Pristina shuns Prague summit as Czech President tells Serbia he seeks to revoke Kosovo recognition
The Czech Republic is hosting a summit on Thursday of prime ministers from fellow Visegrad Four countries and their Western Balkan counterparts. Representatives of Kosovo, however, will be conspicuously absent at today’s summit, in the wake of a slew of insults by the Czech head of state this week, who suggested revoking recognition of Kosovo as an independent nation.
In a hushed tone – barely audible over the sound of the Czech delegation’s plane, on the tarmac – Mr Zeman also expressed his distinct lack of affection for the majority ethnic Albanian breakaway republic of Kosovo.
Vučić: “We are very pleased and very glad to see you here.”
Zeman: “It is a pleasure for me. I like Serbia.”
Vučić: “We know –”
Zeman: “And the Serbian people.”
Vučić: “— we know that you support us.”
Zeman: “I dislike Kosovo.” (sotto voce)
Vučić: “Thank you so much. We wish you all the best.”
Zeman: “Oh, yes.”
Zeman lamented that he could not revoke Kosovo's recognition on his own, saying, “I’m not a dictator”. But he did promise to raise the issue at an October meeting of the Highest Constitutional Officials.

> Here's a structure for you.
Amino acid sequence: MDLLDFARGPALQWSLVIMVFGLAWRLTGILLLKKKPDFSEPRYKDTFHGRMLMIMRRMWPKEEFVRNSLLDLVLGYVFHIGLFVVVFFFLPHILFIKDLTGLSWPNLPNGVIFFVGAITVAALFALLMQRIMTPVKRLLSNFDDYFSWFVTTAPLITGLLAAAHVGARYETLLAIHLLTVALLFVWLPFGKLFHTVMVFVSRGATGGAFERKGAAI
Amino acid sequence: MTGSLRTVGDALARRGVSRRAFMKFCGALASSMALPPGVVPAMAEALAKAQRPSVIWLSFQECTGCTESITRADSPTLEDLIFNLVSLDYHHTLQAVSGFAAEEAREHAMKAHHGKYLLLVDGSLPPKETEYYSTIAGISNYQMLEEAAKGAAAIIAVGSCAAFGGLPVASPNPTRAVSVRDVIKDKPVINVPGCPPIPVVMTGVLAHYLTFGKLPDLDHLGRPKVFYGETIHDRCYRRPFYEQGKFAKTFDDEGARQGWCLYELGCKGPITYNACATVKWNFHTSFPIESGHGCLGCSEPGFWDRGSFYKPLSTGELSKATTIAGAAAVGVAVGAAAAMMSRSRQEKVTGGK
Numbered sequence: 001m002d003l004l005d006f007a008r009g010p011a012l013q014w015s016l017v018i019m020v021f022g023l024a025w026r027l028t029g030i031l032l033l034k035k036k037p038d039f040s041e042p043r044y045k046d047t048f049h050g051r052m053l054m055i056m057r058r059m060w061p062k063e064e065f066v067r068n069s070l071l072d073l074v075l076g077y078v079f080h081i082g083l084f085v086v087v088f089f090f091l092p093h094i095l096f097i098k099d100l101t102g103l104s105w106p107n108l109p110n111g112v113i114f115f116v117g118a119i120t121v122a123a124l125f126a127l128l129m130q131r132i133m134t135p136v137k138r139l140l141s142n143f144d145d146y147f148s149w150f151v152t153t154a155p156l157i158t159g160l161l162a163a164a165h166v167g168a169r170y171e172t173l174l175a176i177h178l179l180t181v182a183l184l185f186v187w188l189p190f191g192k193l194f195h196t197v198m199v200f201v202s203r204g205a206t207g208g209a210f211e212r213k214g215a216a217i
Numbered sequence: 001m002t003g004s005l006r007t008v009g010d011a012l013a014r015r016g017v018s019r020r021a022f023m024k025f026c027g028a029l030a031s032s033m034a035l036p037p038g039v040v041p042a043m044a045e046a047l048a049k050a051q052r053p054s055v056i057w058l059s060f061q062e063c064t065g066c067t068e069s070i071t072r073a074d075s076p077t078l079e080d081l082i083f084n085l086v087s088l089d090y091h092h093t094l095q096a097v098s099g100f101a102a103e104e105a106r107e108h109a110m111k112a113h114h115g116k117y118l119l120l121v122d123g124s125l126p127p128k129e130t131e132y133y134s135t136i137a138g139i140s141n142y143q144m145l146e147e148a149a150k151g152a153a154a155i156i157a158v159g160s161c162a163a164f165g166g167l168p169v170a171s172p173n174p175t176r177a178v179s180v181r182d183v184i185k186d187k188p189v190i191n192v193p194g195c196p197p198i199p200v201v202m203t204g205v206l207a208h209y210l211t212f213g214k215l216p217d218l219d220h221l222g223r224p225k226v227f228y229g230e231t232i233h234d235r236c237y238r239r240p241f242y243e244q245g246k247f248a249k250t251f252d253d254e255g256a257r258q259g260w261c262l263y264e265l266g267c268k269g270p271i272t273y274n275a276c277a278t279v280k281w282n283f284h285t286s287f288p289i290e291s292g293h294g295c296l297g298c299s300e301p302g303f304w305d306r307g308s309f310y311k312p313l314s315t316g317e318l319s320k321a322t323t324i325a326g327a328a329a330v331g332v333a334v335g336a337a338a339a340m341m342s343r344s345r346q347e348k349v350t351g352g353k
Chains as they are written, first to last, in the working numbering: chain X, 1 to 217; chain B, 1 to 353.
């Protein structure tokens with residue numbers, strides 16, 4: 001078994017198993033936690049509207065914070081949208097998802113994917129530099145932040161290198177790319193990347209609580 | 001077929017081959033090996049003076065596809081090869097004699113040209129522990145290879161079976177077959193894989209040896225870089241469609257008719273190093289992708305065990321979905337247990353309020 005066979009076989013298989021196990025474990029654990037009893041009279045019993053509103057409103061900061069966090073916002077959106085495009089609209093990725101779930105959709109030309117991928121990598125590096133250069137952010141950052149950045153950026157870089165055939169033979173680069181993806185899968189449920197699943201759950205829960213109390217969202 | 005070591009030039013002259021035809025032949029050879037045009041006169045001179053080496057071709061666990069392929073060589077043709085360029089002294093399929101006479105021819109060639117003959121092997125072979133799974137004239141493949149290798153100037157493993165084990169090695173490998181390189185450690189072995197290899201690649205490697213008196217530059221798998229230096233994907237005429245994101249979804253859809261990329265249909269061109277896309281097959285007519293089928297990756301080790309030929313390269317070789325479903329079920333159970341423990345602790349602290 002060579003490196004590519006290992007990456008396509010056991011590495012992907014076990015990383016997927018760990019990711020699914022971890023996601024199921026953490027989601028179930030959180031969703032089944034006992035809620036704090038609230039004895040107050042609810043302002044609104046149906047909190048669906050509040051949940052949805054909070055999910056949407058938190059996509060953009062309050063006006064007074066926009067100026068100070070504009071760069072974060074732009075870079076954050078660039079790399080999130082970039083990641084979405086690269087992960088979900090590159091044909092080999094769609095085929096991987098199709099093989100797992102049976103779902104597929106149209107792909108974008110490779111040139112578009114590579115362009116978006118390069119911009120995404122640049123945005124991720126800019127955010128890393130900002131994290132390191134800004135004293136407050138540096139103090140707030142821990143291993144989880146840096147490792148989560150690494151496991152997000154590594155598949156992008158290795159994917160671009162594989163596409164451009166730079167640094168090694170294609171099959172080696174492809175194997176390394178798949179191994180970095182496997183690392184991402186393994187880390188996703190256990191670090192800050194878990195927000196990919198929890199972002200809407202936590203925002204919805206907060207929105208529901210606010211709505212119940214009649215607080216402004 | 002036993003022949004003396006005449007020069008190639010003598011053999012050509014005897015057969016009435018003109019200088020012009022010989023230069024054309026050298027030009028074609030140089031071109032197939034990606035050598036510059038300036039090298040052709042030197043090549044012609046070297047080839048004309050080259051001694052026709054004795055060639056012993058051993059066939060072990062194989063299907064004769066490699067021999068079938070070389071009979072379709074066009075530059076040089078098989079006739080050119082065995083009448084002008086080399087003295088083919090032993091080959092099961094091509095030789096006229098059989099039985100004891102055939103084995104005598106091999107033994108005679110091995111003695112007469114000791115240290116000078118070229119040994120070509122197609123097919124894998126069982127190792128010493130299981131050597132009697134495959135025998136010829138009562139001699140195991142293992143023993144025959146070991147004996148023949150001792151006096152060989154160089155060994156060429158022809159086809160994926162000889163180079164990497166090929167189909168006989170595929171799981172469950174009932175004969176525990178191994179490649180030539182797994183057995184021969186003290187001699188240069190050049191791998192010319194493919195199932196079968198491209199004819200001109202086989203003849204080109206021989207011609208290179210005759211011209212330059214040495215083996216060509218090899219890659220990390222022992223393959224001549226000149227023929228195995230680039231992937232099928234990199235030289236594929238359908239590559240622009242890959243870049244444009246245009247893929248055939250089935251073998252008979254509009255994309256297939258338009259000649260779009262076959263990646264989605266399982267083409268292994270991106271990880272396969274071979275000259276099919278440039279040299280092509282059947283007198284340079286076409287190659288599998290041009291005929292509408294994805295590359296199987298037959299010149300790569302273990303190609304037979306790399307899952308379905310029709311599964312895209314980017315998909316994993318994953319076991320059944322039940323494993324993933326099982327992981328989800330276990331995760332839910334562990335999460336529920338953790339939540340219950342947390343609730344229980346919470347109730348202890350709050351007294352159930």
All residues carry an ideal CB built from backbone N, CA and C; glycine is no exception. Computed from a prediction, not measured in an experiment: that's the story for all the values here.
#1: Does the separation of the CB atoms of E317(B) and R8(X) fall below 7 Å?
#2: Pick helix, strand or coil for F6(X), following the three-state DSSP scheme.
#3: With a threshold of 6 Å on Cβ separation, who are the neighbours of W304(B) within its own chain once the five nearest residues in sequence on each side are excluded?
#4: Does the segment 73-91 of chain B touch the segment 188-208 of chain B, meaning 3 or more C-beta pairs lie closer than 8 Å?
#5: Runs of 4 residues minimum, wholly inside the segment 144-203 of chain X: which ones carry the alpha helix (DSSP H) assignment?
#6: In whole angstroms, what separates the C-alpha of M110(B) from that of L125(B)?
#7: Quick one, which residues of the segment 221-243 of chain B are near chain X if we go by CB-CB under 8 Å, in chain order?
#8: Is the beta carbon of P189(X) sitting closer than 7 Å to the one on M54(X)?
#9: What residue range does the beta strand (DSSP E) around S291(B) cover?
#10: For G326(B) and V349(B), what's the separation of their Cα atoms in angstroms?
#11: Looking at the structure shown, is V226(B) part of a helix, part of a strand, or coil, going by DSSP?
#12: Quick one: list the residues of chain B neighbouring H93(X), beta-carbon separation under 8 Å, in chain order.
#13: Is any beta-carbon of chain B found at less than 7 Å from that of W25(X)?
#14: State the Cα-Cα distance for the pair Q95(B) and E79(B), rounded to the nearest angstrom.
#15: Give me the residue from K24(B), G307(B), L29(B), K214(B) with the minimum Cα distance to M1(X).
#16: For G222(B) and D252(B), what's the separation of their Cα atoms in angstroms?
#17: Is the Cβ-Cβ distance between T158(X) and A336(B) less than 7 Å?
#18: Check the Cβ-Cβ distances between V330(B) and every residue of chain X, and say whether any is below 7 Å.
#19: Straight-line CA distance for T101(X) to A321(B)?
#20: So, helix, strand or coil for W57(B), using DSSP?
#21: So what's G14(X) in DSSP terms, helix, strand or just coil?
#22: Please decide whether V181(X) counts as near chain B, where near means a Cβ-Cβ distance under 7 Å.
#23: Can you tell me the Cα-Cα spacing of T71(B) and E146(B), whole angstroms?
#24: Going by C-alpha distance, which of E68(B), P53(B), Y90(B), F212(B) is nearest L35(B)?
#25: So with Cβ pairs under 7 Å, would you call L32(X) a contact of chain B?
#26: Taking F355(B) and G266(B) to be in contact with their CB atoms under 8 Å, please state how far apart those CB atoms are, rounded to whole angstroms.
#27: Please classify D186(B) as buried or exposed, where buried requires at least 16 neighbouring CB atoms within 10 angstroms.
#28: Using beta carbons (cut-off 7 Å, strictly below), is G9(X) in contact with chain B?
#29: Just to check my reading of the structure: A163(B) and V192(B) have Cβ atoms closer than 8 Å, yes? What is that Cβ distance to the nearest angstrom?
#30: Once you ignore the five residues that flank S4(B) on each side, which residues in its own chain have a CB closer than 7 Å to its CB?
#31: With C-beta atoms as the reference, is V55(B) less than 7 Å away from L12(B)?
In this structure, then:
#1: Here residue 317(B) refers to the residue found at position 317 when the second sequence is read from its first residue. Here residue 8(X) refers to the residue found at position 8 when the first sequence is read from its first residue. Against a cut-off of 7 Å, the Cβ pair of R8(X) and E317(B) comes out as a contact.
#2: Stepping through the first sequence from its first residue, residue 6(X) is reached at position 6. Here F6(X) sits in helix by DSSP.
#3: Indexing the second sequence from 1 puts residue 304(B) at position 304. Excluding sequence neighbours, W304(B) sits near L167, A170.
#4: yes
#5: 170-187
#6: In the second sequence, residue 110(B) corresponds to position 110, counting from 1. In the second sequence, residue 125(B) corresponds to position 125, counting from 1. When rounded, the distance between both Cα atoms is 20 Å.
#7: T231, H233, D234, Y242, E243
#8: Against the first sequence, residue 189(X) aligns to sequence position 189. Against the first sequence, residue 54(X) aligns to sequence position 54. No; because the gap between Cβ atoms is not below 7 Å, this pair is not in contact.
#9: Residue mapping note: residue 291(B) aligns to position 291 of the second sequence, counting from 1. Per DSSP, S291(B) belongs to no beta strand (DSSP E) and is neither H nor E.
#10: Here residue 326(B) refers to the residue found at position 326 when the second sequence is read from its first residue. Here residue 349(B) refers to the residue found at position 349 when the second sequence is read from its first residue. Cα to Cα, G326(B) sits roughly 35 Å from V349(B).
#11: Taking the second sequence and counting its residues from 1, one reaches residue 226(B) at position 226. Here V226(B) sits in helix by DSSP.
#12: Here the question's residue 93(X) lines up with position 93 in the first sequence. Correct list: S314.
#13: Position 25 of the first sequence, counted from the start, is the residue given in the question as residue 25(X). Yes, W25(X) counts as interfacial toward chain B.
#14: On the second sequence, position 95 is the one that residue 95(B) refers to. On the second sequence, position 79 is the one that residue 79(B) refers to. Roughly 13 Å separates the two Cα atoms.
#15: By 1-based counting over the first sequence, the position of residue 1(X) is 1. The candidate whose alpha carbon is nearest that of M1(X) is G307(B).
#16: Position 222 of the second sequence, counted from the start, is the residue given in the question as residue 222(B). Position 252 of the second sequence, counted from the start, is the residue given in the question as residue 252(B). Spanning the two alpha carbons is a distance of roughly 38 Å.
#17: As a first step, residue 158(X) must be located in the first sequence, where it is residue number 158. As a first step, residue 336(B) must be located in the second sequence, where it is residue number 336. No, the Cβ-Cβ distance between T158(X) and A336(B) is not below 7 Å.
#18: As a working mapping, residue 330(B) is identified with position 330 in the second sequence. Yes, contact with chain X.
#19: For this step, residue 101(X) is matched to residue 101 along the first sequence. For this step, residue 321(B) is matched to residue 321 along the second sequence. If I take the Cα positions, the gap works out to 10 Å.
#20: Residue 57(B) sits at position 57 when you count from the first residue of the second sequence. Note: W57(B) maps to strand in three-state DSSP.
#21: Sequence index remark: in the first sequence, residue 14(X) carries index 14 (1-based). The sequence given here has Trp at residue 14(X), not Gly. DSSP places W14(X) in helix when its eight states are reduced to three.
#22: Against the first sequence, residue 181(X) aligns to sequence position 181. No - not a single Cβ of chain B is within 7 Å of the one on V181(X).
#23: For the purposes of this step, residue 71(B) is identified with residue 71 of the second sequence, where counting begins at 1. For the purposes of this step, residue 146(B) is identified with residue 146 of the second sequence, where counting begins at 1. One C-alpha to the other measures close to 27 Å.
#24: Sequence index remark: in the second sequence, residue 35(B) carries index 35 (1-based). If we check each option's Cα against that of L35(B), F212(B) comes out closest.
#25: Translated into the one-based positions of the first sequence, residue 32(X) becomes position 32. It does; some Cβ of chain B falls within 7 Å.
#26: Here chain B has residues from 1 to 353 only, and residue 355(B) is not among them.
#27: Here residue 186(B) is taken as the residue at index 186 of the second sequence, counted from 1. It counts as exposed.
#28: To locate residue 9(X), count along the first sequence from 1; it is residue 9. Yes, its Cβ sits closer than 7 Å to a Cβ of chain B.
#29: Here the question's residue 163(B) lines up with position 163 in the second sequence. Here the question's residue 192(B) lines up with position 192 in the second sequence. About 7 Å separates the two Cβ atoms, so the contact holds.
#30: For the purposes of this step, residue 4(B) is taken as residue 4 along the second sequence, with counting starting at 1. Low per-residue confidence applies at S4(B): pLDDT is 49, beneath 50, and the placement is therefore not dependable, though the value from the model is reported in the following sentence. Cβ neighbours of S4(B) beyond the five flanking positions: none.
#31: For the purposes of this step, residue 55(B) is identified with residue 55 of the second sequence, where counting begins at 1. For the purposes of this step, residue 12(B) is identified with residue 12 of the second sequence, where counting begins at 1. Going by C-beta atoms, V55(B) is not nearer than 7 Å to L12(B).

Among such officials is Czech Minister of Foreign Affairs Tomáš Petříček (Social Democrats), who promptly dismissed the possibility of a reversal of Prague’s position on Kosovo.
“I see no reason for holding such a debate at the moment, although I am of course open to hearing the President’s views on the topic… But a priority of Czech foreign policy is to try to help stabilise the entire Western Balkan region.”
The war between Serbia and Kosovo ended in 1999 after a controversial NATO bombing campaign – at which time, Zeman was prime minister and supported the alliance’s military intervention.
The Czech Republic is among the 23 member of the European Union and 100 members of the United Nations to have recognised Kosovo, which unilaterally declared independence in 2008. Among those refusing to do so are Russia and China, with which President Miloš Zeman has courted favour and tried to deepen ties, often against the wishes of the government.
For that to happen, aspiring members must settle territorial disputes.
Serbia and Kosovo signed an EU-brokered deal to mend ties in 2013, but those efforts stalled when Belgrade blocked Pristina last year from joining Interpol, triggering a tit-for-tat 100 percent tax on Serb imports.
Since then, Serbia has stepped up efforts to get countries to withdraw their recognition of Kosovo. Vučić told reporters he was certain Zeman’s words “are reaching more and more ears in Europe and that people understand that things are not as black and white as once thought”.